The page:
Siemens Healthineers AG expects to have a total antibody test available in late May 2020 to identify individuals exposed to the SARS-CoV-2 virus that causes COVID-19. The rapid diagnostic test detects IgM as well as IgG and other antibodies in the blood. The wider range of antibodies tested enables confirmation of infection two to seven days after exposure, substantially earlier than IgG only assays, Deepak Nath, president of the Erlangen, Germany-based company's laboratory diagnostics division, told BioWorld.

IgG is typically generated four to 10 days after a coronavirus infection and builds up slowly over time. IgM can identify any patient who has mounted an immune response to the virus, even if they were asymptomatic, said Nath.

The earlier time frame means the test can also be used to identify active infections. “The test is able to detect antibodies very close to initial onset of infection,” said Nath. “It can be as short as two days after exposure.”

The serological test has demonstrated sensitivity and specificity of more than 99%. That makes it more accurate than the 95% sensitivity threshold established by the U.S. FDA in a recent update to its guidance for antibody tests.

In an attempt to expedite availability of the tests to help identify people who have had the disease and could potentially have immunity, the FDA had not initially established any required level of accuracy. Dozens of tests have been developed and released that have up to a 15% risk of producing a false negative result.

“While the FDA standard has been evolving, we have relied on how we develop assays in general and applied standards that we would feel comfortable with producing and submitting to the FDA,” Nath noted. “What the world needs now is accurate, high quality tests produced in processes that have stood the test of time.”

The focus on accuracy led to a test that is distinctive in several ways, Nath pointed out. “First, it allows earlier detection, closer to the date of the virus infection. Second, this test is more sensitive and potentially more accurate in detecting both those in active infection phase and those who had prior infection whether or not they had symptoms. Third, the design of the assay focuses on the S1 receptor on the spike protein of the virus, which is the target of many vaccines in development.”

Siemens Healthineers has been in discussion with the FDA for Emergency Use Authorization for the assay “for a couple of weeks,” Nath said. “While our initial focus is to get clearance under the EUA pathway, we do intend to file under the 510(k) pathway as well.”

Broad access

The tests will be available on the Siemens Healthineer’s Atellica Solution immunoassay analyzer, which can process up to 440 tests per hour and produce results in less than 15 minutes, according to the company. It can also be run on the ADVIA Centaur XP and XPT systems, which can analyze up to 240 tests per hour, with results in 18 minutes.

Currently, about 11,000 Atellica and Centaur analyzers are installed worldwide. About 30% of the systems are in U.S. laboratories and hospitals.

Siemens Healthineer is also developing a comparable test that can run on its Dimension Vista and Dimension EXL systems, which is expected to be available in mid-June. Of the approximately 7,000 Dimension systems installed worldwide, roughly half are in the U.S., Nath said.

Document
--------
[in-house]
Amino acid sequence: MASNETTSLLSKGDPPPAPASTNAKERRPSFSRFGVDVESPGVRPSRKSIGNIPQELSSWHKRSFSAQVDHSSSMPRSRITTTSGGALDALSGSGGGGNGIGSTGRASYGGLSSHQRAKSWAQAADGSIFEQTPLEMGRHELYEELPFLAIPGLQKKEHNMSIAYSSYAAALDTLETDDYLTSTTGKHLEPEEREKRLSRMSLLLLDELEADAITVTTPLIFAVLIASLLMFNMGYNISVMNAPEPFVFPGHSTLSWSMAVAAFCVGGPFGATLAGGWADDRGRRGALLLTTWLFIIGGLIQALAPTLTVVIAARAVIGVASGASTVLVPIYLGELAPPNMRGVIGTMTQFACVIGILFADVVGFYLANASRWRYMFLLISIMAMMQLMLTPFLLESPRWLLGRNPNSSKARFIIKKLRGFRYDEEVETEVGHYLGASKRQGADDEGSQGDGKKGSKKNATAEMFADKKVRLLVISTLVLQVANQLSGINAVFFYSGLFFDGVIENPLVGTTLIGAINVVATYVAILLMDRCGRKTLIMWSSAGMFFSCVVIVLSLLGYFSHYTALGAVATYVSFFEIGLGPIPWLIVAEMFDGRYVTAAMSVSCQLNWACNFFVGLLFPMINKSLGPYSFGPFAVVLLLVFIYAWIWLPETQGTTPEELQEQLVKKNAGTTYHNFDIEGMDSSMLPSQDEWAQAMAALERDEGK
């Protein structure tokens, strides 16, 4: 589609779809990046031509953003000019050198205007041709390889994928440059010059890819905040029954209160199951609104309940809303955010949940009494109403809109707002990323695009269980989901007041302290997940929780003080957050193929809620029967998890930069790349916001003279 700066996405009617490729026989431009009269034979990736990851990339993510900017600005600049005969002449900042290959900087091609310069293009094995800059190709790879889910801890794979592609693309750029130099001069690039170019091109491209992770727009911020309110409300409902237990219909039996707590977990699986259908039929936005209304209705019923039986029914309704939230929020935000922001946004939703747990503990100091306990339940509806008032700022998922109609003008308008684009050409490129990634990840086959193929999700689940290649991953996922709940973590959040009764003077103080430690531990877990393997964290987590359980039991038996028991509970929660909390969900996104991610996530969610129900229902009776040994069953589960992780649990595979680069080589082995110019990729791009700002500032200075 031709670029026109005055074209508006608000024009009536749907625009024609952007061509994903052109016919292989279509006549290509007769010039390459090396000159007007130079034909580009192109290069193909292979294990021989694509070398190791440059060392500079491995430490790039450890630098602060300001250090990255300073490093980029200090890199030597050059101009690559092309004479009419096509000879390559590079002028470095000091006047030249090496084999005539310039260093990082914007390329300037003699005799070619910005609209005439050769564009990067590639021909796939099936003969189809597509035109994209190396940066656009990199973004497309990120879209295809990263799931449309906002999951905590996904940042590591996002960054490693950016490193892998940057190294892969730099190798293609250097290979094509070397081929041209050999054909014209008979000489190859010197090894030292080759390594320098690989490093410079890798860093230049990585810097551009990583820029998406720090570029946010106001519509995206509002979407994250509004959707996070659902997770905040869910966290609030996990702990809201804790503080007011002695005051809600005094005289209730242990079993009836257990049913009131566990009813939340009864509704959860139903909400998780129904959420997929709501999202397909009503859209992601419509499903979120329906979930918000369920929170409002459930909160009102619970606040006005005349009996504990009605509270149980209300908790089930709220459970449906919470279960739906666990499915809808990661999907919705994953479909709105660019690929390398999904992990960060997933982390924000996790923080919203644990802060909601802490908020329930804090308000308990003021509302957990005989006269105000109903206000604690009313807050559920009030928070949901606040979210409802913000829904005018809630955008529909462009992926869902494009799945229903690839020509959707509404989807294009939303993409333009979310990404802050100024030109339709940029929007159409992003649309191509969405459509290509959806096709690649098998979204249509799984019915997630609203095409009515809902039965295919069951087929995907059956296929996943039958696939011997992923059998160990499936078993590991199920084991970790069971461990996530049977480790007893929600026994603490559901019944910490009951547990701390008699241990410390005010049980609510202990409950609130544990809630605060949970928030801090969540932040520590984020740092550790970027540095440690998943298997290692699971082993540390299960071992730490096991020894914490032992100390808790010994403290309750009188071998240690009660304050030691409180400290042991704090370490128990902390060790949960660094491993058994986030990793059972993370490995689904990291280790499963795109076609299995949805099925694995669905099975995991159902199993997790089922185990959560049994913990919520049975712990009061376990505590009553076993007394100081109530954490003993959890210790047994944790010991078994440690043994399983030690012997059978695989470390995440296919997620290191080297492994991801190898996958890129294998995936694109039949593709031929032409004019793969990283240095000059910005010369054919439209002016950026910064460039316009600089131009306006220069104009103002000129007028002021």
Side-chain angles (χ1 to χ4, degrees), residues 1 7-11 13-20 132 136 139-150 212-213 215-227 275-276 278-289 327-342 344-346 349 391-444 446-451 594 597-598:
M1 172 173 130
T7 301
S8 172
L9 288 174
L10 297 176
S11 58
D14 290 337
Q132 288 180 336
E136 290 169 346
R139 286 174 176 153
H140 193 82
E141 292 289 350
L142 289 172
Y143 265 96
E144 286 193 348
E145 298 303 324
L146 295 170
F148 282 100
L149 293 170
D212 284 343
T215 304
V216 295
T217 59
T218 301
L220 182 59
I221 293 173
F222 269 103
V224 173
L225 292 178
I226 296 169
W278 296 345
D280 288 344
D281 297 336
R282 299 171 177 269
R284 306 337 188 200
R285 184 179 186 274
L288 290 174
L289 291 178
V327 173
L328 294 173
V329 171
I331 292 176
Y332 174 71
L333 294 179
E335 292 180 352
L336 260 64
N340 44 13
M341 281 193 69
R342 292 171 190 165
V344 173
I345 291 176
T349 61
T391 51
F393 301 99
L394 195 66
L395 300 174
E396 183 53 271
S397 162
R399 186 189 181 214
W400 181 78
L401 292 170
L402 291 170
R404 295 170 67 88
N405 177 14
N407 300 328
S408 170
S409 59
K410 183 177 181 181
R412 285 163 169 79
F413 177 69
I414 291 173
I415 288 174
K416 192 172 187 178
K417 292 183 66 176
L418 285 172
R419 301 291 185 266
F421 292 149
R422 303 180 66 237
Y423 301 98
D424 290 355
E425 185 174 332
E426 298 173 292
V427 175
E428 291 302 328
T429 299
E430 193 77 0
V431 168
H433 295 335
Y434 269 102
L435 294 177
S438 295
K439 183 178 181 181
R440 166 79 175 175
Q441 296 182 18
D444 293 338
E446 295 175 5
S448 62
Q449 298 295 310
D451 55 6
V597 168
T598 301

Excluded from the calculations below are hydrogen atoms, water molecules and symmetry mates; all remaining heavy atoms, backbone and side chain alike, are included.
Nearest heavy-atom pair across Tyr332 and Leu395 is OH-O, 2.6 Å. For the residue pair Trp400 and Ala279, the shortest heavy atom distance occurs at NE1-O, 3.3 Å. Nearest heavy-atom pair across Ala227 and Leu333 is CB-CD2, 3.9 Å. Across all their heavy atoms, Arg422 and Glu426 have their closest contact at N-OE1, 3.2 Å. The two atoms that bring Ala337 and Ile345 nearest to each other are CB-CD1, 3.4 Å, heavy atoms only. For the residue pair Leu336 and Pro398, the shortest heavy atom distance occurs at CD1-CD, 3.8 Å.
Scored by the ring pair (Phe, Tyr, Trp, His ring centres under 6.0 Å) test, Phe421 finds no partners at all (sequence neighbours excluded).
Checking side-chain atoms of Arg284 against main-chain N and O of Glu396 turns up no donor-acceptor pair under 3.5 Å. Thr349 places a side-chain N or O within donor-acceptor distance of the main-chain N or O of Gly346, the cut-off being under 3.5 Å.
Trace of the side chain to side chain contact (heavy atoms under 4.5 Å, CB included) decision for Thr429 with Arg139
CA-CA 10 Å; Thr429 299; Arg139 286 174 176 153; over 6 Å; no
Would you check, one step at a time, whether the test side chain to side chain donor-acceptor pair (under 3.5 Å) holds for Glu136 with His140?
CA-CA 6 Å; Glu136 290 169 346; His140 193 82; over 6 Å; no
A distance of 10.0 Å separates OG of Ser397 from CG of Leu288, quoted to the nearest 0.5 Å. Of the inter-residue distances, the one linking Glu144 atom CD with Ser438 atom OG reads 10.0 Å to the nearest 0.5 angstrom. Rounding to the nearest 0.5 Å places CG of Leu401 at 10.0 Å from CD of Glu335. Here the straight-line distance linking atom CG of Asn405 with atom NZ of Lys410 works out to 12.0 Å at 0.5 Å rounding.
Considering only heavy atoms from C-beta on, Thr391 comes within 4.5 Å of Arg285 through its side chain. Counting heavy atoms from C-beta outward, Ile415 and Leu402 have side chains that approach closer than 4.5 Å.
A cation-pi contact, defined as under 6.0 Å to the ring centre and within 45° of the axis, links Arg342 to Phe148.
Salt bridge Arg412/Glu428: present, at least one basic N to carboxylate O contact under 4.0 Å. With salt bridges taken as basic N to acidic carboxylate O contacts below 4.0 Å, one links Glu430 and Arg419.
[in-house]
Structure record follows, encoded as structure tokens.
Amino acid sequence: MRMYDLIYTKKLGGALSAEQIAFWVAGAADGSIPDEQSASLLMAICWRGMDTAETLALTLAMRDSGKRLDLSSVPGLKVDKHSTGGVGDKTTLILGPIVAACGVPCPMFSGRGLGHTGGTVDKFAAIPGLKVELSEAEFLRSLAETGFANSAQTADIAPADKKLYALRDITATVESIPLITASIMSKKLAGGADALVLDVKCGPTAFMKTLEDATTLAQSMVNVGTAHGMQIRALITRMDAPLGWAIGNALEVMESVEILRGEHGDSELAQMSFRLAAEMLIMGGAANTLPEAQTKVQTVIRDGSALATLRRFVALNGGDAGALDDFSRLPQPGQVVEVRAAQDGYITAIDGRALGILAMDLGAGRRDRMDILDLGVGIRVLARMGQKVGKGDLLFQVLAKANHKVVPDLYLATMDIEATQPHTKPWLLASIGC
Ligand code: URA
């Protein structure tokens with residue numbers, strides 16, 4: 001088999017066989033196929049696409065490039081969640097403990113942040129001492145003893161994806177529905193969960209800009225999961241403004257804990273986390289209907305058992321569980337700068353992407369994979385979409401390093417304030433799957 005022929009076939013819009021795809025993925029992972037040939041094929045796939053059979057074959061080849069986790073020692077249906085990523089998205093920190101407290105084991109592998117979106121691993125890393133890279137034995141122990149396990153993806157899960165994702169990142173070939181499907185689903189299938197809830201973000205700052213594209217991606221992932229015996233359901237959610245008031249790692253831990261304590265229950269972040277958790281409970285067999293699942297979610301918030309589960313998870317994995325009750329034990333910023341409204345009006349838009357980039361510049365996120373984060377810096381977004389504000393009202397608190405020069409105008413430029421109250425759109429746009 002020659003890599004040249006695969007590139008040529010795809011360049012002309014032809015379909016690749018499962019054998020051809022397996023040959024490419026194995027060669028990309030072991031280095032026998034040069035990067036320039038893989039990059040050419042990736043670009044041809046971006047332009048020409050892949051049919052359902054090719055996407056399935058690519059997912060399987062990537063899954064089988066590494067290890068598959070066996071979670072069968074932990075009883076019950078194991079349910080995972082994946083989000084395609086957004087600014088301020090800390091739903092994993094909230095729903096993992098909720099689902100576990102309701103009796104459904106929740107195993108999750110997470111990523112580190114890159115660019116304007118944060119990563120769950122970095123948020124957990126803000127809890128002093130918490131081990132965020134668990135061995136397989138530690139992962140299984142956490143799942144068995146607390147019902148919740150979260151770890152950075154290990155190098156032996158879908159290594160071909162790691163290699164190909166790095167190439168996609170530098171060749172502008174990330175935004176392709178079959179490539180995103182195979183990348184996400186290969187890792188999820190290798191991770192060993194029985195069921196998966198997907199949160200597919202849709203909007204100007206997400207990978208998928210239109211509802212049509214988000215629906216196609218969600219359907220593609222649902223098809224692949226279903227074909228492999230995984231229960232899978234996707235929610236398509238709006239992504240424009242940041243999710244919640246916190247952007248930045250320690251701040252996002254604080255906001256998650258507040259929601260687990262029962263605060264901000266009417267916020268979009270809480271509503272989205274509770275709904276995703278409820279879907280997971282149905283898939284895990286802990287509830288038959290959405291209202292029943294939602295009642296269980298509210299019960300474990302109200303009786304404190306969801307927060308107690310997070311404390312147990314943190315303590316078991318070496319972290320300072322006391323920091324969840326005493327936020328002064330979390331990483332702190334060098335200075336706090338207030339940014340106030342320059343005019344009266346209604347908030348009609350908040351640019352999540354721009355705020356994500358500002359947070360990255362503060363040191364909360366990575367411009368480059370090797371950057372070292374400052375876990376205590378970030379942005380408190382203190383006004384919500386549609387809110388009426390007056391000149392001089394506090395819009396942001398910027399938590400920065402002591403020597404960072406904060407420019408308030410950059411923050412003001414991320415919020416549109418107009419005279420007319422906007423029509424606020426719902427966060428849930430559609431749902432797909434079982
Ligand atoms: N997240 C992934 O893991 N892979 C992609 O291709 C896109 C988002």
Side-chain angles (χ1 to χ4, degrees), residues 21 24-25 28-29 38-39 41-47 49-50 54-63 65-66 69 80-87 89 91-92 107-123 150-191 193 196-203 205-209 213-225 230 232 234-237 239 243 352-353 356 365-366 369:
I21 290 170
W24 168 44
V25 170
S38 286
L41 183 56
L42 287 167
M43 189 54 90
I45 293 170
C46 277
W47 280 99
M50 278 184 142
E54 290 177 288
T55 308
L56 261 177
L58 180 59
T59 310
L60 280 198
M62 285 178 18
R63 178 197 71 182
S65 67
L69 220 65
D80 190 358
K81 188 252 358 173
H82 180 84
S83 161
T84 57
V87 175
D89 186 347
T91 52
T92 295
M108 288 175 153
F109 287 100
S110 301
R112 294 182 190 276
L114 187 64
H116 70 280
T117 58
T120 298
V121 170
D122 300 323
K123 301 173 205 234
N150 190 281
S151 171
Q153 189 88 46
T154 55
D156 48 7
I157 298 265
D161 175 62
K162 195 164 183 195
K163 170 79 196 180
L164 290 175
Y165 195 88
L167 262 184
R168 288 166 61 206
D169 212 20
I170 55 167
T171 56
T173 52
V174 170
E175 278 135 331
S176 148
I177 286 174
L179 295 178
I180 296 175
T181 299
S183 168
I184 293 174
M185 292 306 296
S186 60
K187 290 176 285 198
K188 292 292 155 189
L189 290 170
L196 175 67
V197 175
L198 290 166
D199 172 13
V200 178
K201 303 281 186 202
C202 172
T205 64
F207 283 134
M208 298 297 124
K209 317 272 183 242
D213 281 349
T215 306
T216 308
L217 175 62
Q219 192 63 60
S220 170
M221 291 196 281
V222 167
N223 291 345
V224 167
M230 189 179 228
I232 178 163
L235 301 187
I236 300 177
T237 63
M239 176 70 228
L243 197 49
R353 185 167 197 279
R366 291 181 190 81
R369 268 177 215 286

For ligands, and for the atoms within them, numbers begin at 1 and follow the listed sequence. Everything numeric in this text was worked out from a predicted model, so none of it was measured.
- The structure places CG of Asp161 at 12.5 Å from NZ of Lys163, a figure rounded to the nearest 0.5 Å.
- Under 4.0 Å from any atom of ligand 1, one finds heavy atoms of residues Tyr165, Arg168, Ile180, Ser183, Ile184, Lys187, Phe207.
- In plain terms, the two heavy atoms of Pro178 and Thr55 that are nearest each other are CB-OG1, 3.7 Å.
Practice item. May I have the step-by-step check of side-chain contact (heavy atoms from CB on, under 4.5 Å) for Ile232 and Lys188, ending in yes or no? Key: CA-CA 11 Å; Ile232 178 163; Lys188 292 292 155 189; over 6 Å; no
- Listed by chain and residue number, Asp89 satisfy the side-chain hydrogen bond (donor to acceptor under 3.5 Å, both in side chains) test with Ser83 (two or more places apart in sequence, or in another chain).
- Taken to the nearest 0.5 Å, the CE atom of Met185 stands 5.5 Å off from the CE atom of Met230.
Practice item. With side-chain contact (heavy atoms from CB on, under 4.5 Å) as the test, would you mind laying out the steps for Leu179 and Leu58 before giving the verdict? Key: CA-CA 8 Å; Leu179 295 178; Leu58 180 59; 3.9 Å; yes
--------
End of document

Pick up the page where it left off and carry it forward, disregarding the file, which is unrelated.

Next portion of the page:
Expansion of production capability at the company’s Walpole, Mass. Manufacturing facility will enable Siemens Healthineers to produce more than 25 million total antibody tests per month starting in June.

COVID-19 testing portfolio

The company is also developing an IgG only test to provide flexibility for testing needs as the pandemic evolves.

“We believe that fundamentally we need to have multiple tests to piece together what’s happening with the patient, beginning with PCR to other tests of immune response. IgG has the greatest potential to determine the effectiveness of a vaccine once one is on the market as it targets the S1 receptor part of the spike protein of the coronavirus that is under investigation by several drug manufacturers for a vaccine,” Nath explained.

The new assays will build on Siemens Healthineers’ portfolio of tests for COVID-19. Other tests available include the molecular Fast Track Diagnostics SARS-CoV-2 test kit used to diagnose the infection, which is available for research use in Europe and pending EUA approval by the FDA and Emergency Use Assessment and Listing from WHO.

“With this molecular diagnostic assay, we want to make a contribution to fight the current COVID-19 global pandemic by delivering fast and accurate SARS-CoV-2 testing,” said Sebastian Kronmueller, head of molecular diagnostics at Siemens Healthineers. “The Siemens Healthineers assay is designed to help researchers positively identify the virus in less than three hours so that healthcare professionals can proceed as quickly as possible with the necessary next steps on their patients’ triage paths.”

The company’s critical care testing solution, Rapidpoint 500e Blood Gas Analyzer received clearance from the FDA on March 31, 2020. It analyzes blood gas, electrolytes, metabolites, co-oximetry, and neonatal bilirubin results, which are used to evaluate critically ill patients.

“The Rapidpoint 500e Blood Gas Analyzer has become a trusted instrument in Europe’s endeavor to combat COVID-19 and to help address an unprecedented demand for blood gas testing in affected respiratory patients,” said Christoph Pedain, head of point of care diagnostics of Siemens Healthineers.

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